Libertarian Society head Danny Al-Khafaji drops out of SU presidential race

Libertarian Society President and KCLSU Presidential candidate Danny Al-Khafaji has formally pulled out of the election.

Releasing a statement exclusively to Roar, Al-Khafaji claims that the KCLSU is “broken” and that it was only after “viewing the hypocrisy first hand” that he was compelled to abandon the presidential race.

After voicing his concerns about the poor state of the KCLSU at the recent Presidential Election Hustings, he has gone on to write about his lack of faith in the democratic system and the elected officials who represent students.

Former Presidential Candidate Danny Al-Khafaji

His statement can be read in-full below:

Our student union is broken. To me, this was always a subconscious assumption that I didn’t quite want to accept. However, it took my entering of this electoral process, viewing the hypocrisy first-hand and the lack of student engagement to confirm this sobering reality.

The mental health epidemic is worsening, with the level of students suffering from anxiety and depression increasing by the year, and the willingness of students to talk about these issues declining. The foundational principle underpinning our quest for truth, exploration of new ideas and challenging of viewpoints, free speech, is being eroded away further with each new set of student officers that take charge. Consequently, the rise of hateful politics and radicalism on both sides of the political spectrum is rising, and our ability to call it out and expose its toxicity diminished. Of even more paramount importance, the environment is being degraded and our capacity to influence environmental change collapsing. Ask yourselves, what has the student union actually done to even scratch the surface of tackling any of these problems? I’m sure you know the answer, and it speaks to why student participation is dropping to all-time lows.

What is the point of a student union if it remains in this direction of travel? A student union that is futile, static and corruptible, and whose representatives consistently preach empty words and cite moral platitudes while making no binding changes. This only feeds a cultural feedback loop where huge swathes of students lose faith in the Student Union, leaving a minority of voters to control the narrative and put into power more officers whose views do not intersect with the majority. Manifesto after manifesto talks of change, but none deliver. It is clear, the Student Union hasn’t actually done much at all, and it continues to let us down. I do not lay the blame on any one individual, but on the institutional culture.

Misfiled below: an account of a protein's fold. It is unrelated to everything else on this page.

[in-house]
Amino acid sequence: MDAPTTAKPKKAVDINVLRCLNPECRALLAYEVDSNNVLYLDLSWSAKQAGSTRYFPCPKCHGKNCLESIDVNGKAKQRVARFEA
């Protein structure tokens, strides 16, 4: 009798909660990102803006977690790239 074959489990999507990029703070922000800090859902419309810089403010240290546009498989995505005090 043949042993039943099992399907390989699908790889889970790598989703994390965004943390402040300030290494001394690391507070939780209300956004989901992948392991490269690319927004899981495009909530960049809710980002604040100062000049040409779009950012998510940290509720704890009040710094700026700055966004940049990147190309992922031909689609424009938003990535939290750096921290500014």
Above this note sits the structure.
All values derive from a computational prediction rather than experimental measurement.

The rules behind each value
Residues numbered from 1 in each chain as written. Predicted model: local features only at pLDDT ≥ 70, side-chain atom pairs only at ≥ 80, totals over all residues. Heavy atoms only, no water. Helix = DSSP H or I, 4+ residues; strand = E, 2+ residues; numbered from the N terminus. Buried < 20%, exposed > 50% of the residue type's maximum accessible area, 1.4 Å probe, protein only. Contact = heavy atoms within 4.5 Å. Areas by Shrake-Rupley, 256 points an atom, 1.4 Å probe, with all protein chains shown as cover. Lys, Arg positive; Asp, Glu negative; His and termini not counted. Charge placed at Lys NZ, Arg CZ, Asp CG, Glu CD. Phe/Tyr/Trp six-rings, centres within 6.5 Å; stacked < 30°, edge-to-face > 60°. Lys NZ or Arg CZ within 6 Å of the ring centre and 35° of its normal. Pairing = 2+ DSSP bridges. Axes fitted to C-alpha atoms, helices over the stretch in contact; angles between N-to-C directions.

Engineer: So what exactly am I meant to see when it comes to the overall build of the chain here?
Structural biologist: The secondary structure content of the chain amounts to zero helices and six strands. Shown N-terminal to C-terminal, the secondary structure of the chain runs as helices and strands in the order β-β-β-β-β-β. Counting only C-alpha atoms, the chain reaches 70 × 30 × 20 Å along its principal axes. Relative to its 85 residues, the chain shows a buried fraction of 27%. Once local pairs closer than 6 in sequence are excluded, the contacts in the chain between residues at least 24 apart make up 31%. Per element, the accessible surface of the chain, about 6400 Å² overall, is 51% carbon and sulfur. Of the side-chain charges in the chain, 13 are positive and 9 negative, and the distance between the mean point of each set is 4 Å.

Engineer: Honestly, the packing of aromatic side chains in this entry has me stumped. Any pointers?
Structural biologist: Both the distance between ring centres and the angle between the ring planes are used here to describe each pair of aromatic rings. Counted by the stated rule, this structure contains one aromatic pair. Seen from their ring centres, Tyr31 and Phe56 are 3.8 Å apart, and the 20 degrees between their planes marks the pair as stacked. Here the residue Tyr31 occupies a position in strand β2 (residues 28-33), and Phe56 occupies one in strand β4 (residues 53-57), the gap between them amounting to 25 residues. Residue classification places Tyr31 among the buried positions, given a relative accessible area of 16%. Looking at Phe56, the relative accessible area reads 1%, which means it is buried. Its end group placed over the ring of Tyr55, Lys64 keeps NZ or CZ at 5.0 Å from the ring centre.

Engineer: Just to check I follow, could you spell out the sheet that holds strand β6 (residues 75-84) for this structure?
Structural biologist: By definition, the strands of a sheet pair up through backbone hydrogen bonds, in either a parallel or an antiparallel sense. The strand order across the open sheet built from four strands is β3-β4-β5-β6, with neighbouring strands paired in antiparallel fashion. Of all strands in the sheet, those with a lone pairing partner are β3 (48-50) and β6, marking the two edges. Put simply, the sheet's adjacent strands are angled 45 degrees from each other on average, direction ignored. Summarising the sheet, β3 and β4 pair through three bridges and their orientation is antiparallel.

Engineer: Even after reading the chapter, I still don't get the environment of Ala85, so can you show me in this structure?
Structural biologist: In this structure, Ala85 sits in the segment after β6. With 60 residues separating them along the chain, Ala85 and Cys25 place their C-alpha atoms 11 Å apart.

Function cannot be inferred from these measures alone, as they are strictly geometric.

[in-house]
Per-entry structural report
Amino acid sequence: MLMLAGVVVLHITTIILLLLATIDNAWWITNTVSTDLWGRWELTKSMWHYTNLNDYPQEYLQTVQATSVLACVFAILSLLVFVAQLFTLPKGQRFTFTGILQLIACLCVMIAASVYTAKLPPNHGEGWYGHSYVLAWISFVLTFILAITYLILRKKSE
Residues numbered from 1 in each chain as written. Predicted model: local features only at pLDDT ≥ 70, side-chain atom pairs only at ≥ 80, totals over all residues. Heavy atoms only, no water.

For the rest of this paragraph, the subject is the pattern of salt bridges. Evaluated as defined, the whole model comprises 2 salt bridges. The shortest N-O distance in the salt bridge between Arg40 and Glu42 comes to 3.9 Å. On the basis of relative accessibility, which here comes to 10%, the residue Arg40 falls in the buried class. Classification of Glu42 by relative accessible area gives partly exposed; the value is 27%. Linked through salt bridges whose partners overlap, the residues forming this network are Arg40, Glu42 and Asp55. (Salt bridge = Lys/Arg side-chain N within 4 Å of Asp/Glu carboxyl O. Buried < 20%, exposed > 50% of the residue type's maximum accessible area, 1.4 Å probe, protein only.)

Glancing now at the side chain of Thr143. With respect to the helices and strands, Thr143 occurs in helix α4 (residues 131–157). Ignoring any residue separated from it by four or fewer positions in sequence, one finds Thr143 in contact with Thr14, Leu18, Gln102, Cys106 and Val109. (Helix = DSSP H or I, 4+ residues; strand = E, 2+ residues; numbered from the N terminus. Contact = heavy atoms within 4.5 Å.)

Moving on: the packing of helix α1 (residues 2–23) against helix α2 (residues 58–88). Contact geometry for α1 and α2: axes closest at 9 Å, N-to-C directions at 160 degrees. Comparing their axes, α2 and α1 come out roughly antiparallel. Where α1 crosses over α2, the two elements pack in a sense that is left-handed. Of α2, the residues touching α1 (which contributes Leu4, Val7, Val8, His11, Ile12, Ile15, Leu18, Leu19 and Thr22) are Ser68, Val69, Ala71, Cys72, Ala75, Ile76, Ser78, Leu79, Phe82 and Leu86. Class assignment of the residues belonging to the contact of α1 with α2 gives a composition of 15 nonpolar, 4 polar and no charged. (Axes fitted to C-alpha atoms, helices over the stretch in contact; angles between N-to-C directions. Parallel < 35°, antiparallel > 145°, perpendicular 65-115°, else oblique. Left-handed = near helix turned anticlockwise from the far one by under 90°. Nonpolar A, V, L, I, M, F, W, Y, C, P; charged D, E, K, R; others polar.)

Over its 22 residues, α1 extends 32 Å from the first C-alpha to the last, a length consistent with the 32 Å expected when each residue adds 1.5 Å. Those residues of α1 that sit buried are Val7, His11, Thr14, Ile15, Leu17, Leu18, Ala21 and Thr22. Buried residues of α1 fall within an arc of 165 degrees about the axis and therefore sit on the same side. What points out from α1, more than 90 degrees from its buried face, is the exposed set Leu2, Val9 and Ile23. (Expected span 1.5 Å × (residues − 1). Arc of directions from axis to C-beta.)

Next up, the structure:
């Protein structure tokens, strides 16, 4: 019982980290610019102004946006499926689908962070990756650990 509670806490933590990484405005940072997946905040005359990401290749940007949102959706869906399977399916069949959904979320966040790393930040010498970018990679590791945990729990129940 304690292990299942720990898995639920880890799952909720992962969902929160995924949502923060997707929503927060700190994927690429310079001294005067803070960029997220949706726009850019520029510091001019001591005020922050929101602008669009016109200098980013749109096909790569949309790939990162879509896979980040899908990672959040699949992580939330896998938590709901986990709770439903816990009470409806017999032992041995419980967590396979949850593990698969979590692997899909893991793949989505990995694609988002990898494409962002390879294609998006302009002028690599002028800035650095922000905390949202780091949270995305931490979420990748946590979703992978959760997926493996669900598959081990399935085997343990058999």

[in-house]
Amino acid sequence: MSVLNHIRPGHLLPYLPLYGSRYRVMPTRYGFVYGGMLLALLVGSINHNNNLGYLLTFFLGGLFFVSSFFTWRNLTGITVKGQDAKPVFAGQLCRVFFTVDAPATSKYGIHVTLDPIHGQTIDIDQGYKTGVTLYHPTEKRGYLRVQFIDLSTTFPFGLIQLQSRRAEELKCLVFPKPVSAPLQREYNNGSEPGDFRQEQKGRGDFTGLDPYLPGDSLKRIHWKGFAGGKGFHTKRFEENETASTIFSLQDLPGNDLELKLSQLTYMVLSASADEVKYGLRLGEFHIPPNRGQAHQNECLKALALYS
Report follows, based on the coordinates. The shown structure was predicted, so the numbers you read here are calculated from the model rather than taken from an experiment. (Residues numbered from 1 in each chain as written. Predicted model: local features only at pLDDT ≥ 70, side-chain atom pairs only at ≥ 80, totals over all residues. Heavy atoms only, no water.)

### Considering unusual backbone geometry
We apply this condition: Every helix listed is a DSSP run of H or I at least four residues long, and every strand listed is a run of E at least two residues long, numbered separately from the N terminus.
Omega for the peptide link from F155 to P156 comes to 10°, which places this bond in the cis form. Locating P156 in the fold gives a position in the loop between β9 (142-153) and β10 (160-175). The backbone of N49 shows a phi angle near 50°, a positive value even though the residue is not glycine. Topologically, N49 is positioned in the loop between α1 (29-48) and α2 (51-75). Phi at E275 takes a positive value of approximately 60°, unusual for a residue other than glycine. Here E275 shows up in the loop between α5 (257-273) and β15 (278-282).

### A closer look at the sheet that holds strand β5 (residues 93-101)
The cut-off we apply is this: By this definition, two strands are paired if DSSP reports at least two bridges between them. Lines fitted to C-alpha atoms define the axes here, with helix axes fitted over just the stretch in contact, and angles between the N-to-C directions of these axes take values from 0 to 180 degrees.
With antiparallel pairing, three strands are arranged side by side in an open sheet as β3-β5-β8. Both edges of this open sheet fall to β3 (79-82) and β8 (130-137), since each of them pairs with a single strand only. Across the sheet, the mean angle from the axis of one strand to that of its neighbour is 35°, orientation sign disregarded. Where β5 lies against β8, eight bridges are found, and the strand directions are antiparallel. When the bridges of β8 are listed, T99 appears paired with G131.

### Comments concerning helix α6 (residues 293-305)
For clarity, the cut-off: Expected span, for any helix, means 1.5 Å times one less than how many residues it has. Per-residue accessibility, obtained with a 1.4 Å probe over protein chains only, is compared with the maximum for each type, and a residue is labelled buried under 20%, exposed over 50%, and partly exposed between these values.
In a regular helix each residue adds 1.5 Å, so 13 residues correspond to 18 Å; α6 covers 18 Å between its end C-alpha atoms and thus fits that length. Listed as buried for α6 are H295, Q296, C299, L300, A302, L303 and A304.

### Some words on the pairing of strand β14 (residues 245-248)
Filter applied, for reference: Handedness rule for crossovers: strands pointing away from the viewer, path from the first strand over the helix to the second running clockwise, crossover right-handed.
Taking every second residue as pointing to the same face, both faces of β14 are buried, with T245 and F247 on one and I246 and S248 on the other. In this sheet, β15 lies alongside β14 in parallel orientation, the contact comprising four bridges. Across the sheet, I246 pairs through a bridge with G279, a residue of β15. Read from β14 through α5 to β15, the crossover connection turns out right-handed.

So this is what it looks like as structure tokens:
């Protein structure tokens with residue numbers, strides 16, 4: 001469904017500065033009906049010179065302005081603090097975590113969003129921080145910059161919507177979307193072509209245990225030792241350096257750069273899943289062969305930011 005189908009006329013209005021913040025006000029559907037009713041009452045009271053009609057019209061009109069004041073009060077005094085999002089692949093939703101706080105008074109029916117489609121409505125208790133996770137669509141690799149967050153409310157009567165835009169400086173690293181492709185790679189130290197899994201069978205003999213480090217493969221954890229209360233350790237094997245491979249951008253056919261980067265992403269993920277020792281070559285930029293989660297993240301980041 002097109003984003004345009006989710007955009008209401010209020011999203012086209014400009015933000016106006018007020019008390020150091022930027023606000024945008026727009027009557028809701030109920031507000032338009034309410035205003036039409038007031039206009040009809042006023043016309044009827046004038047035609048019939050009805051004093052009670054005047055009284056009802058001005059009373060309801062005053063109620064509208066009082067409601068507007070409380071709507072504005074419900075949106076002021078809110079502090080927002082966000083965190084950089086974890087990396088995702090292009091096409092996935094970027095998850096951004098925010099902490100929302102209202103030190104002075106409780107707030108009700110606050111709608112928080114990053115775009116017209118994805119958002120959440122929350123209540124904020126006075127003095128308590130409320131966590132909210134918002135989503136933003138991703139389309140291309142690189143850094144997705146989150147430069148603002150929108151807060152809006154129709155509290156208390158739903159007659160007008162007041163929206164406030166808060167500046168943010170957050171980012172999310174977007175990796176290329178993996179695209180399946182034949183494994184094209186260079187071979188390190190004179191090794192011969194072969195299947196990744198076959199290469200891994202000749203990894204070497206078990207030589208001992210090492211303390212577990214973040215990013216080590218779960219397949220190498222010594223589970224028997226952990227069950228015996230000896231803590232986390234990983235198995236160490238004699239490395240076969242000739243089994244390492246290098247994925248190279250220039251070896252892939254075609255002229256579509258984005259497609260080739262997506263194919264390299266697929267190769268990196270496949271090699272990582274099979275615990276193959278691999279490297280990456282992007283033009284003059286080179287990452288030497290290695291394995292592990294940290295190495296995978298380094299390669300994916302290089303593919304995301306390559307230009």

I entered this election cycle with high hopes, a yearning to address the underlying endemic issues plaguing student politics and a desire to do away with the corrupt interests espousing empty promises. Undergoing this process, however, has compounded my view that running for a position to seal a salary in a defunct organisation inevitably attracts individuals to take the helm as a means to further their own personal interests at the expense of representing us. In light of this, it is in being sincere to myself and all of you that I have come to the conclusion that continuing my candidacy would involve me becoming what I am battling against, and propping up the very machine that has preached on behalf of so many but delivered for so few.

It is in spite of this that I have an unwavering belief that change can and must be delivered from the outside. My policies, as much as I believe in them, do not need the bureaucratic echo-chamber of the student union to function, which will merely taint their effectiveness. Rather, a determination and willingness of students to take the initiative is essential. An incompetent Student Union which cannot even mobilise to submit an application to the NUS LGBT+ Conference on time to allow our delegates to be heard, persistently fails to stand up for a diversity of ideas, and only achieves 10% of what it sets out to do, cannot carry the mantle for change.

Some, while reading this, may be disappointed and argue I am quitting pre-maturely, but it would be dishonourable of me to have votes cast in my name, as opposed to the names of my opponents, when I do not have faith in the organisation I am running to lead to deliver the change students expect. There has to be institutional and cultural change to tackle the root of these issues, and that can only be influenced from the grassroots, not from one symbolic figurehead with the title of ‘President’ sat at the top. It is for this reason that I cannot campaign for a position I fundamentally no longer believe in, and neither should you.

Voting for the elections opens Monday 4th March and closes on 7th.

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